Experts have estimated that at least 10% to 25% of all teenagers and 20% to 50% of adults have a weight problem and it is commonly known that obesity brings many health hazards with it, including heart attacks, strokes and diabetes with all of its complications. Obesity has become a serious concern to all health care practitioners.

The foods we eat every day contribute to our well-being. Foods provide us with the nutrients we need for healthy bodies and the calories we need for energy. If we eat too much, however, the extra food turns to fat and is stored in our bodies. If we overeat regularly, we gain weight, and if we continue to gain weight, we may become obese.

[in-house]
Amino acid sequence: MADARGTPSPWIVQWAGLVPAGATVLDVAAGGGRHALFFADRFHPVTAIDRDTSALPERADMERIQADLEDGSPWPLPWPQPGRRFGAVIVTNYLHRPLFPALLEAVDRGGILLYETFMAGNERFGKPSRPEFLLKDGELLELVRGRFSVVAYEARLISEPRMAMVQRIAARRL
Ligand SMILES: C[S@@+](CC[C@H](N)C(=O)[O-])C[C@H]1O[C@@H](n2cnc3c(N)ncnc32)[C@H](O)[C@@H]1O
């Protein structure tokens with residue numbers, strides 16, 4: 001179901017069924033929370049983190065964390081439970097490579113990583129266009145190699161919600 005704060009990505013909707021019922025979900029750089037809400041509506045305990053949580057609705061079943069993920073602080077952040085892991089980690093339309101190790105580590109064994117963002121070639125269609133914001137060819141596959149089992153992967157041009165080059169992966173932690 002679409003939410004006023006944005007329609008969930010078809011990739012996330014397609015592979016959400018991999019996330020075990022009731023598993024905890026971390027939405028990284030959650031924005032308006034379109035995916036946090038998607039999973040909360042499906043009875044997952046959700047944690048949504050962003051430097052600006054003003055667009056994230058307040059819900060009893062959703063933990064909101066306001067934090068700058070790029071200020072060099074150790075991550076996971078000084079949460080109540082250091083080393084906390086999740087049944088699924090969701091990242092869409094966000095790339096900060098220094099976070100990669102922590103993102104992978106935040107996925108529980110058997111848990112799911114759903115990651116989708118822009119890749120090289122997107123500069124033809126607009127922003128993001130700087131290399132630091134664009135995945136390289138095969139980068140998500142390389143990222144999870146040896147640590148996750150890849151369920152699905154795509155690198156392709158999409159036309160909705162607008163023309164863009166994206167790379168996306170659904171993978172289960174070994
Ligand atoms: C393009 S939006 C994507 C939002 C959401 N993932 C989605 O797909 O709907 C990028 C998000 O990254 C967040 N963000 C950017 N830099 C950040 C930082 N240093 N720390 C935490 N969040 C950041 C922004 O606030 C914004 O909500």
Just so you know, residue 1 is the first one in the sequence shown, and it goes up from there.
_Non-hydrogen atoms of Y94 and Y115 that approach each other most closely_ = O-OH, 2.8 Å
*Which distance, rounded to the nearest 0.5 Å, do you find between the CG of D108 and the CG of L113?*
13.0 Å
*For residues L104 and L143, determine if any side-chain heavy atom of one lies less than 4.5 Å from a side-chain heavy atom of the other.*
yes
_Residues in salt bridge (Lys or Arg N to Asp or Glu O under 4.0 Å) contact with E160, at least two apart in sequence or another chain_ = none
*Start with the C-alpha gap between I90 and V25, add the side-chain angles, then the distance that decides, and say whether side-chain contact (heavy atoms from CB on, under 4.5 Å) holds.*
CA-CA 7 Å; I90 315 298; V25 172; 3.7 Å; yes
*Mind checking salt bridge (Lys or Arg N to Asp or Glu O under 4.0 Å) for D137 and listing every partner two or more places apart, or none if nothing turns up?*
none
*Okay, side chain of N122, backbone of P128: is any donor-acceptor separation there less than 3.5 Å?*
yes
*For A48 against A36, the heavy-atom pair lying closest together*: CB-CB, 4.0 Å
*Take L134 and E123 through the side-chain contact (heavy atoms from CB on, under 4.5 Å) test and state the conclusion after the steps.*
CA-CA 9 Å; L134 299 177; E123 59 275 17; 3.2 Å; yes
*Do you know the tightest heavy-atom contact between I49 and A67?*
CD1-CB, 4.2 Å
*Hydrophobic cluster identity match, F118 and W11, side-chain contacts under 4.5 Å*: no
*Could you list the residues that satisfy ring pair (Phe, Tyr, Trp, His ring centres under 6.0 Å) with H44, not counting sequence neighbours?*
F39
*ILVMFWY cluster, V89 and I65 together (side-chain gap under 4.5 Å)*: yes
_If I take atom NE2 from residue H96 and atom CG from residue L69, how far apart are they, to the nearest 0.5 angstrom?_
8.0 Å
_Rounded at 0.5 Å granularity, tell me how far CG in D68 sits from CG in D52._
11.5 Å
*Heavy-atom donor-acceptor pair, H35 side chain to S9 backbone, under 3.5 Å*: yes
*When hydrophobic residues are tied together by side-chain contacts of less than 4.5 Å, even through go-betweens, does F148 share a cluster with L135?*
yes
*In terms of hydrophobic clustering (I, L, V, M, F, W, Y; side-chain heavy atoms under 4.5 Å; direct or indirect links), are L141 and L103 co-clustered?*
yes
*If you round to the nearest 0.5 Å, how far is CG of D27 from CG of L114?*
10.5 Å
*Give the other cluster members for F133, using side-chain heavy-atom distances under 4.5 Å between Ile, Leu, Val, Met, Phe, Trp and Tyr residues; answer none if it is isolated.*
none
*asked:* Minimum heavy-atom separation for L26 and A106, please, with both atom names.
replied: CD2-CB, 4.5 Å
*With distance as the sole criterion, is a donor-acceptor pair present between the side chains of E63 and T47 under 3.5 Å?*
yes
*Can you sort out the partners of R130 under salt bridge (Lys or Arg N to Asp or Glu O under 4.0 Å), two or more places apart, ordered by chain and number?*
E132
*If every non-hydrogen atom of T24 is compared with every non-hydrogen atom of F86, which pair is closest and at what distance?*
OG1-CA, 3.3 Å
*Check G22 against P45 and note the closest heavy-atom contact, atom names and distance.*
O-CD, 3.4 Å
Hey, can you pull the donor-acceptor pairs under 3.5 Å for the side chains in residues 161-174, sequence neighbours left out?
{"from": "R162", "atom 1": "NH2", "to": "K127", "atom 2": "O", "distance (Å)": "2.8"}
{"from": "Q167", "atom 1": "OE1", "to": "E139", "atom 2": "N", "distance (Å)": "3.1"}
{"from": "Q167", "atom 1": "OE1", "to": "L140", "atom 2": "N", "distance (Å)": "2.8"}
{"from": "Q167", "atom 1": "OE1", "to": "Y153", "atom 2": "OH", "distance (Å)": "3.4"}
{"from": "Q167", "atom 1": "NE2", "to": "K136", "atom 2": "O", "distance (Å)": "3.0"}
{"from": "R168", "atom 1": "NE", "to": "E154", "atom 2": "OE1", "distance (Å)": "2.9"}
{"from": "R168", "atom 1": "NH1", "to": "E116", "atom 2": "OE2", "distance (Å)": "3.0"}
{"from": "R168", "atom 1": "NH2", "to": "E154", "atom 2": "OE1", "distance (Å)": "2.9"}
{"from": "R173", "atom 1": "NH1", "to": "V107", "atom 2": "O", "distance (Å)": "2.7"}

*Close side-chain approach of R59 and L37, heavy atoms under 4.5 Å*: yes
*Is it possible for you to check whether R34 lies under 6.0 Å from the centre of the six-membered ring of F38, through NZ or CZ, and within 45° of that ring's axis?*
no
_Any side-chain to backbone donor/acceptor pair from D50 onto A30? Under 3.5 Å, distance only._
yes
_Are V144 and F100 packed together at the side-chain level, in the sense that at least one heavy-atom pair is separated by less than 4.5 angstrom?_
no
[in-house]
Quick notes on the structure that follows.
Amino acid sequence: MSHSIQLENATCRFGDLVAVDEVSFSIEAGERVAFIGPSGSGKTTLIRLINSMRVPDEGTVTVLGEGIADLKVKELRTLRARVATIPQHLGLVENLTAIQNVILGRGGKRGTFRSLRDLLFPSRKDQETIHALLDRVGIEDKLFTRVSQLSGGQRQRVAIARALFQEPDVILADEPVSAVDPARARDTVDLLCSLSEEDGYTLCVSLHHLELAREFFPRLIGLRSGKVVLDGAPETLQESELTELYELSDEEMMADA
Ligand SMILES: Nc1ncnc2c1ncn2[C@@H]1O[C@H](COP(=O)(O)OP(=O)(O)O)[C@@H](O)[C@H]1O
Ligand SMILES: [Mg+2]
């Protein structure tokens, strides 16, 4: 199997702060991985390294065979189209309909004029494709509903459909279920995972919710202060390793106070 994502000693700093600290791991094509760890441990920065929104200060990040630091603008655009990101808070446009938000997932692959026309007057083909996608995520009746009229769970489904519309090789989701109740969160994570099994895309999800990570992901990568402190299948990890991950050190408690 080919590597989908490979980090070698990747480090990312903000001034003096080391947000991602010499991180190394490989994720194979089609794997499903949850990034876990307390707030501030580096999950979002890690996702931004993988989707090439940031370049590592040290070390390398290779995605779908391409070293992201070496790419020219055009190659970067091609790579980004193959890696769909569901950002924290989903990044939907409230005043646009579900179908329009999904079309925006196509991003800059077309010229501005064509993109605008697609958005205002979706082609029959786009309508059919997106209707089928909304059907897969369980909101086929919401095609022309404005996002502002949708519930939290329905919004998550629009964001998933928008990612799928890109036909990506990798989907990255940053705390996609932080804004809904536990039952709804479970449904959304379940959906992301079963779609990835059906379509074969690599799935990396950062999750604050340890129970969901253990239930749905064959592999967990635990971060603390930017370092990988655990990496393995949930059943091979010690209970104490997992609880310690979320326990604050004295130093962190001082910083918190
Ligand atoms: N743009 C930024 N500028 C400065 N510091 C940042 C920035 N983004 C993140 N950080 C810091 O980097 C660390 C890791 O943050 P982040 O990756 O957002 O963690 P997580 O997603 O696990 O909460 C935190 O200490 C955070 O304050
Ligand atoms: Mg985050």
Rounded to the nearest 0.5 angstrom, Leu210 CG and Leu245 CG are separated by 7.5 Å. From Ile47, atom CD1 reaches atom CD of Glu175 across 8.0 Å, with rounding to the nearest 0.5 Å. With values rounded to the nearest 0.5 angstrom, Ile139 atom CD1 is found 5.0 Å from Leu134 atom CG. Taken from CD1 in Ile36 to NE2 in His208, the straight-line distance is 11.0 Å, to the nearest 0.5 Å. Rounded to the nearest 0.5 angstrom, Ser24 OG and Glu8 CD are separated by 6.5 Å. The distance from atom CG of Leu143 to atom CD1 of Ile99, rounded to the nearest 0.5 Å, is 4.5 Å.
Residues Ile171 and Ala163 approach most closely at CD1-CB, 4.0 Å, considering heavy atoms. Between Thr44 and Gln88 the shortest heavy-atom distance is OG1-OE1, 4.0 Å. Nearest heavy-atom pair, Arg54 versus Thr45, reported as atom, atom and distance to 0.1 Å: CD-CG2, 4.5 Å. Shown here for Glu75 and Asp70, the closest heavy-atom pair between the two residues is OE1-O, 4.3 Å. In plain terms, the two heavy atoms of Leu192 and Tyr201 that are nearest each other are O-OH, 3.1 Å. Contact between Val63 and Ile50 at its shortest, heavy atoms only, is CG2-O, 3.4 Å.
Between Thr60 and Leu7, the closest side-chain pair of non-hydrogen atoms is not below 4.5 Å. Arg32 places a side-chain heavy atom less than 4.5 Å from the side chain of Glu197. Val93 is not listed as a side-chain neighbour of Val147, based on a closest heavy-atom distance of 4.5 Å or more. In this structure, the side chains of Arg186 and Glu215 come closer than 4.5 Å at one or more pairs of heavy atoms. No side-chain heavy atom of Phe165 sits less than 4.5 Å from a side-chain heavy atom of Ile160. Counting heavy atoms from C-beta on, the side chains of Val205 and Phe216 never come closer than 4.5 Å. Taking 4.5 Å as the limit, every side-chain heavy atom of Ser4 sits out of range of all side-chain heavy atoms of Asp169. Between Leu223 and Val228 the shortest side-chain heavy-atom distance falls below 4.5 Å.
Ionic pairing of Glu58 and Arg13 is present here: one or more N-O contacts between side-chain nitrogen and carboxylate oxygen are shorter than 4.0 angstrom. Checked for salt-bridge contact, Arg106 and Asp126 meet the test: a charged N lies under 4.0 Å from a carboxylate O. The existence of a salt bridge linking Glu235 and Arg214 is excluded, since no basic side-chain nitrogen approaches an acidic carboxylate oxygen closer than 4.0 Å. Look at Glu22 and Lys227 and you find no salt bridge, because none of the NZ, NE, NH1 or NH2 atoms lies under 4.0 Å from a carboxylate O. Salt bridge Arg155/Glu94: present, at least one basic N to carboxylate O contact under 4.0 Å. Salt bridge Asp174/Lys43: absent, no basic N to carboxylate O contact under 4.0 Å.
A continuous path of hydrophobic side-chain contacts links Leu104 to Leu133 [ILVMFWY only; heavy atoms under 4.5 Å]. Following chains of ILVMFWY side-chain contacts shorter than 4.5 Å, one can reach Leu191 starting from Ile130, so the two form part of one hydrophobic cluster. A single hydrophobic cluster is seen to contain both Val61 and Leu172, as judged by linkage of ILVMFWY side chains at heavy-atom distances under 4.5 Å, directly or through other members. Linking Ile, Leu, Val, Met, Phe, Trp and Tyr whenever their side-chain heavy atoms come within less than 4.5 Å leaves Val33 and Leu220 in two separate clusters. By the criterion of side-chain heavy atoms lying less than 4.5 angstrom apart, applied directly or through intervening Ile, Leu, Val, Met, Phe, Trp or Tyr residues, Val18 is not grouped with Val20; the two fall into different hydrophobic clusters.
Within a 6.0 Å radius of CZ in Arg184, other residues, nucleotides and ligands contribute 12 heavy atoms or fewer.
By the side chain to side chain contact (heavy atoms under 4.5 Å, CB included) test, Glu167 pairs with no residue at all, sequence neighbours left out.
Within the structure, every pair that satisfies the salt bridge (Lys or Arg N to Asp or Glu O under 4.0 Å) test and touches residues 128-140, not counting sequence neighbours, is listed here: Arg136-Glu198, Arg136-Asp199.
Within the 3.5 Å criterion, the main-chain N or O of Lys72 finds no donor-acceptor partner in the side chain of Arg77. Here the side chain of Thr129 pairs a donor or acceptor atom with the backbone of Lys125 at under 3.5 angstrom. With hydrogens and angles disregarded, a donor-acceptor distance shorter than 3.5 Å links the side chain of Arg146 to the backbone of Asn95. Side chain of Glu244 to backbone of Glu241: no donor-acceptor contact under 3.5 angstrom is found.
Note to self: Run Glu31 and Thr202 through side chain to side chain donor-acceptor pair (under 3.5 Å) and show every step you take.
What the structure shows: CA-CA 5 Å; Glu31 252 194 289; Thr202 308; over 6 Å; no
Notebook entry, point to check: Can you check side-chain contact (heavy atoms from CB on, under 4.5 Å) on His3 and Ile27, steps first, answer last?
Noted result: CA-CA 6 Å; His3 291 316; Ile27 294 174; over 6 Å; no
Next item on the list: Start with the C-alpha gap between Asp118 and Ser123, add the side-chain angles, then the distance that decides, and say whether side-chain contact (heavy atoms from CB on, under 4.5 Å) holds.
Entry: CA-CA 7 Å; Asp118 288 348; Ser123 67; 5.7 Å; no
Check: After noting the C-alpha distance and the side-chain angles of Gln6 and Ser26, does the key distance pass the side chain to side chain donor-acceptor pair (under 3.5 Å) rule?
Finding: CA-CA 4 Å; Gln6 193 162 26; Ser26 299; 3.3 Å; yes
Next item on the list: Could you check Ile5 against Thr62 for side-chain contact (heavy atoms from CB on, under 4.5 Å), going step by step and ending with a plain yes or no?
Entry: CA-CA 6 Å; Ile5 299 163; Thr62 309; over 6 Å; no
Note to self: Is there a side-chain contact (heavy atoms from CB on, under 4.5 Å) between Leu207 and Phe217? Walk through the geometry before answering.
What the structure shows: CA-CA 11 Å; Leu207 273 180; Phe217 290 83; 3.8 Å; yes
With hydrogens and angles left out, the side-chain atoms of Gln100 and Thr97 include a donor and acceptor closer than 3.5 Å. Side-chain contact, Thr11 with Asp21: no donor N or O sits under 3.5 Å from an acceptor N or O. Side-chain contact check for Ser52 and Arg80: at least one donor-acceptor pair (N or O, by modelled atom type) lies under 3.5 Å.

The over-consumption of foods rich in calories and fat is the biggest dietary contributor to obesity and will also cause the excess food that is consumed to be stored as fat deposits. There is also growing evidence that genetic factors may influence the body's tendency to store energy either as fat or as lean body tissue (muscle).

Reversing obesity and its health risks requires changing the habits of a lifetime. Eating less over the long term means learning to think about your eating habits and patterns.